The Civil Aviation Authority of Vietnam (CAAV) is proposing to allow the Boeing 737 Max transit through the country’s airspace, paving the way for a possible lifting of the aircraft’s grounding.
The CAAV disclosed on 9 March that it has submitted its petition to the country’s National Traffic Safety Commission, after reviewing “corrective” efforts by Boeing to recertify the type, as well as the assessment from other aviation authorities around the world, such as those in the US and the European Union.
The 737 Max remains grounded in Vietnam, as with most parts of Asia-Pacific, following two fatal crashes in 2018 and 2019.
While no Vietnamese operators currently operate the type, low-cost carrier VietJet has a significant 737 Max orderbook — Cirium fleets data shows it has 200 examples on order.
The CAAV adds that it is in communication with the aviation authorities in Russia and China on the lifting of the 737 Max’s grounding. Both countries have yet to do so, with China stating in early March that it was yet to be satisfied with efforts taken to restore the type’s service.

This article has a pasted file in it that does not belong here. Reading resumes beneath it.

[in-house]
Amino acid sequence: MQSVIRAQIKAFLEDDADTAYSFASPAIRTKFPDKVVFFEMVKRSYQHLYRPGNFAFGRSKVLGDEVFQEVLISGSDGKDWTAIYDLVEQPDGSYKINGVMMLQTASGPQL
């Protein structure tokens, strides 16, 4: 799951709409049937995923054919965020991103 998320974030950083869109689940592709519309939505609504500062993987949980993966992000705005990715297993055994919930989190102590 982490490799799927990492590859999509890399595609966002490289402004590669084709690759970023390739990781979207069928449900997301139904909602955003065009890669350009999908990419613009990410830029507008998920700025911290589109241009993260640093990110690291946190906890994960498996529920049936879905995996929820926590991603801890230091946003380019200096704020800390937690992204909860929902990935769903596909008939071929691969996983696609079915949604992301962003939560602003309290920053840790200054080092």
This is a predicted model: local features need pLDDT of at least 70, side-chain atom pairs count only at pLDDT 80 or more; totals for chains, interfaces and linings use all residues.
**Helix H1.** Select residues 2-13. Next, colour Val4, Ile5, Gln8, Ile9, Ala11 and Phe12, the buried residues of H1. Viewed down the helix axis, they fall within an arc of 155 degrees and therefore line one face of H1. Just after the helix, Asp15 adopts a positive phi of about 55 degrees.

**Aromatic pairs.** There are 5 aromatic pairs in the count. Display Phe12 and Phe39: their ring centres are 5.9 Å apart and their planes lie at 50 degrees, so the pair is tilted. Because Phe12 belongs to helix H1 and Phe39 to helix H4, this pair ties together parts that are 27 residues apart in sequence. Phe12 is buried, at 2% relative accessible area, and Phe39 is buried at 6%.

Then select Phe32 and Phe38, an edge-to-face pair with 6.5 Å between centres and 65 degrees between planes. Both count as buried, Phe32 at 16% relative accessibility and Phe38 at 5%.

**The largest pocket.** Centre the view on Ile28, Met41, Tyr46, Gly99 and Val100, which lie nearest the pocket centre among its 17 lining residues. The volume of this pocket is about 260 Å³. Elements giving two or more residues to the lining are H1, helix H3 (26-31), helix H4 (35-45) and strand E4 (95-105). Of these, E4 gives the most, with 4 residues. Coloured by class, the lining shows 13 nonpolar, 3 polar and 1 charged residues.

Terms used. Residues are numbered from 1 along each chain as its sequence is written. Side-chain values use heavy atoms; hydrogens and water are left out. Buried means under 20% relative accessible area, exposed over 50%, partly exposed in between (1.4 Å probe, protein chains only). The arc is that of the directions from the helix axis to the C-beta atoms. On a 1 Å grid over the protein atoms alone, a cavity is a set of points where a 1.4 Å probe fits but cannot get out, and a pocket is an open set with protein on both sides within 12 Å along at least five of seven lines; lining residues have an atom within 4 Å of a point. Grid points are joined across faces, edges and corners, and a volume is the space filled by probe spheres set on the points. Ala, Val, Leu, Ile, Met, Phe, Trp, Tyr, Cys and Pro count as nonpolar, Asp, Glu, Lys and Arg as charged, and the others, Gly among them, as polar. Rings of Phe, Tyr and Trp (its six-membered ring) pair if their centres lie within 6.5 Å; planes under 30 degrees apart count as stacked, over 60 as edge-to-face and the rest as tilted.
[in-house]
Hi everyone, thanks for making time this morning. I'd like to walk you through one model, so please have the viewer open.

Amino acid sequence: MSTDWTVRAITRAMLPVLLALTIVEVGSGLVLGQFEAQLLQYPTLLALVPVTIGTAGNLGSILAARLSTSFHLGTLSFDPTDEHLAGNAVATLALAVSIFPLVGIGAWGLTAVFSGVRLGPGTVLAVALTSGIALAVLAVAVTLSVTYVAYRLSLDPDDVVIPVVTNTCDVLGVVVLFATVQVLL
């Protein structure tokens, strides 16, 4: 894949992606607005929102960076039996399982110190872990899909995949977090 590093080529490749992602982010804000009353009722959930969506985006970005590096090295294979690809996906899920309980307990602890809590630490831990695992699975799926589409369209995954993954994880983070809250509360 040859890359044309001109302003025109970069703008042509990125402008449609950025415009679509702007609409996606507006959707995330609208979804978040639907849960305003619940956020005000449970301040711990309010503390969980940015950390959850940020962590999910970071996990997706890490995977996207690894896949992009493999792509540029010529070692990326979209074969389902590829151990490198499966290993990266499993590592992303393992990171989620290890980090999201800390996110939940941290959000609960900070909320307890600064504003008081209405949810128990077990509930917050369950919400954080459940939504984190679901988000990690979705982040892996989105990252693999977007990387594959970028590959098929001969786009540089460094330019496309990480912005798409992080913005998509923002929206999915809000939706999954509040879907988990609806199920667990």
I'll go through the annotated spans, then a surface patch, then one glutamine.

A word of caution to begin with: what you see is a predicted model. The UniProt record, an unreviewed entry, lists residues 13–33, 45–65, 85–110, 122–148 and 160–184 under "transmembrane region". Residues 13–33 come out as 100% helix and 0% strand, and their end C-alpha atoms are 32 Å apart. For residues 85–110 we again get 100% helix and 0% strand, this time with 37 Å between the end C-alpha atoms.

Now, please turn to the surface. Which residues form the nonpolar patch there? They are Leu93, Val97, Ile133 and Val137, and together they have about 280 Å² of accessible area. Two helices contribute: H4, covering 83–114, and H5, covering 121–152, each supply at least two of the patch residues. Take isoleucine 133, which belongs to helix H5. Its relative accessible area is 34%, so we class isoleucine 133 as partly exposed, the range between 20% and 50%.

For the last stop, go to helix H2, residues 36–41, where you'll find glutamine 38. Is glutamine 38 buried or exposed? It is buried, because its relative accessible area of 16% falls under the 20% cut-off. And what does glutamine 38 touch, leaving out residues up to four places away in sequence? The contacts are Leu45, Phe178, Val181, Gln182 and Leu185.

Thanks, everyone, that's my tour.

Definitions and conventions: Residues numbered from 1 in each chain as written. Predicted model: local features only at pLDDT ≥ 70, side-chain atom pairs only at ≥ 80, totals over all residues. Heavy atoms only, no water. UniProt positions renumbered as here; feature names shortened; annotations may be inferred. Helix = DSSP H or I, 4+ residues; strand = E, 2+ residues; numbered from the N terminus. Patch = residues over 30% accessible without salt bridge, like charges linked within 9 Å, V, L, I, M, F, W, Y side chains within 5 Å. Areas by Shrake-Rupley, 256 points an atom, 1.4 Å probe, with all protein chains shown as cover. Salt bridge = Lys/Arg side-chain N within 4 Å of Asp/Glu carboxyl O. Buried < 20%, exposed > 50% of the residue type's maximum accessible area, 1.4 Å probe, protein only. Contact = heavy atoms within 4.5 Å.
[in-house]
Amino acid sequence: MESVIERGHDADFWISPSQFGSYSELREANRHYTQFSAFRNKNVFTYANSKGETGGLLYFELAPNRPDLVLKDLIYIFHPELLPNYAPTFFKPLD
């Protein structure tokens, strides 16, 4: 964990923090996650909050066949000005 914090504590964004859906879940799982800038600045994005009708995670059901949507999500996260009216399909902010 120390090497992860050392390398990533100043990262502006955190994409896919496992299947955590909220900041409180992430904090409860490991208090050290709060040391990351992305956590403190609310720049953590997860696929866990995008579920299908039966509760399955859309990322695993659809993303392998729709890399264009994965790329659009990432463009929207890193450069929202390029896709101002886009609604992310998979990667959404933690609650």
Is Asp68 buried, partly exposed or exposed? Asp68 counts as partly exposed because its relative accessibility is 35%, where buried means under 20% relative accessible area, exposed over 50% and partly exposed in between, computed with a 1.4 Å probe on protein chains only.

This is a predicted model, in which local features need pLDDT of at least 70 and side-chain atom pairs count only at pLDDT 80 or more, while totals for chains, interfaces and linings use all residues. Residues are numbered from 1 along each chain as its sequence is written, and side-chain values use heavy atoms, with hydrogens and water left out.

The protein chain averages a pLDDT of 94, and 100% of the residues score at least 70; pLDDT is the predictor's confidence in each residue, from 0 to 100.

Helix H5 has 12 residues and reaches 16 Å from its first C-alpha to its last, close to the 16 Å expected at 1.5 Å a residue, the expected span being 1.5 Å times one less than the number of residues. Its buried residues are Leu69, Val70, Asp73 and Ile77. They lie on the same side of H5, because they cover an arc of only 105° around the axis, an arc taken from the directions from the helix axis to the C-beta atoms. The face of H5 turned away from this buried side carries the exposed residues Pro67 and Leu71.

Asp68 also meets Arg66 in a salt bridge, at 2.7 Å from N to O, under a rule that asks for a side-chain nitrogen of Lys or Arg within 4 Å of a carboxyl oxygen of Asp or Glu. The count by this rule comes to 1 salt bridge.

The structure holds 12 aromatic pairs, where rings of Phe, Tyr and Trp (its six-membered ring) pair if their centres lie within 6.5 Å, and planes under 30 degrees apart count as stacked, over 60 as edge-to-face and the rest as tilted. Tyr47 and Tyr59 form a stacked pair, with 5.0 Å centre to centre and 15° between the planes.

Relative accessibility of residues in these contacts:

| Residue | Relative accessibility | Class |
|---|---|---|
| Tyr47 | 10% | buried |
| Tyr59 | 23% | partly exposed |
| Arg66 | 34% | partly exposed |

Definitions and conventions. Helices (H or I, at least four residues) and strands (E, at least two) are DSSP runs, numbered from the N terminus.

Once both countries have lifted their respective grounding, the CAAV will propose allowing the Max to operate into Vietnam, effectively lifting the ban on 737 Max operations.
The authority, which is also working to allow imports of the 737 Max into Vietnam, says the process could take between six months and a year.
Vietnam’s announcement follows Australia’s move to lift the ban on 737 Max flights, first announced in late-February.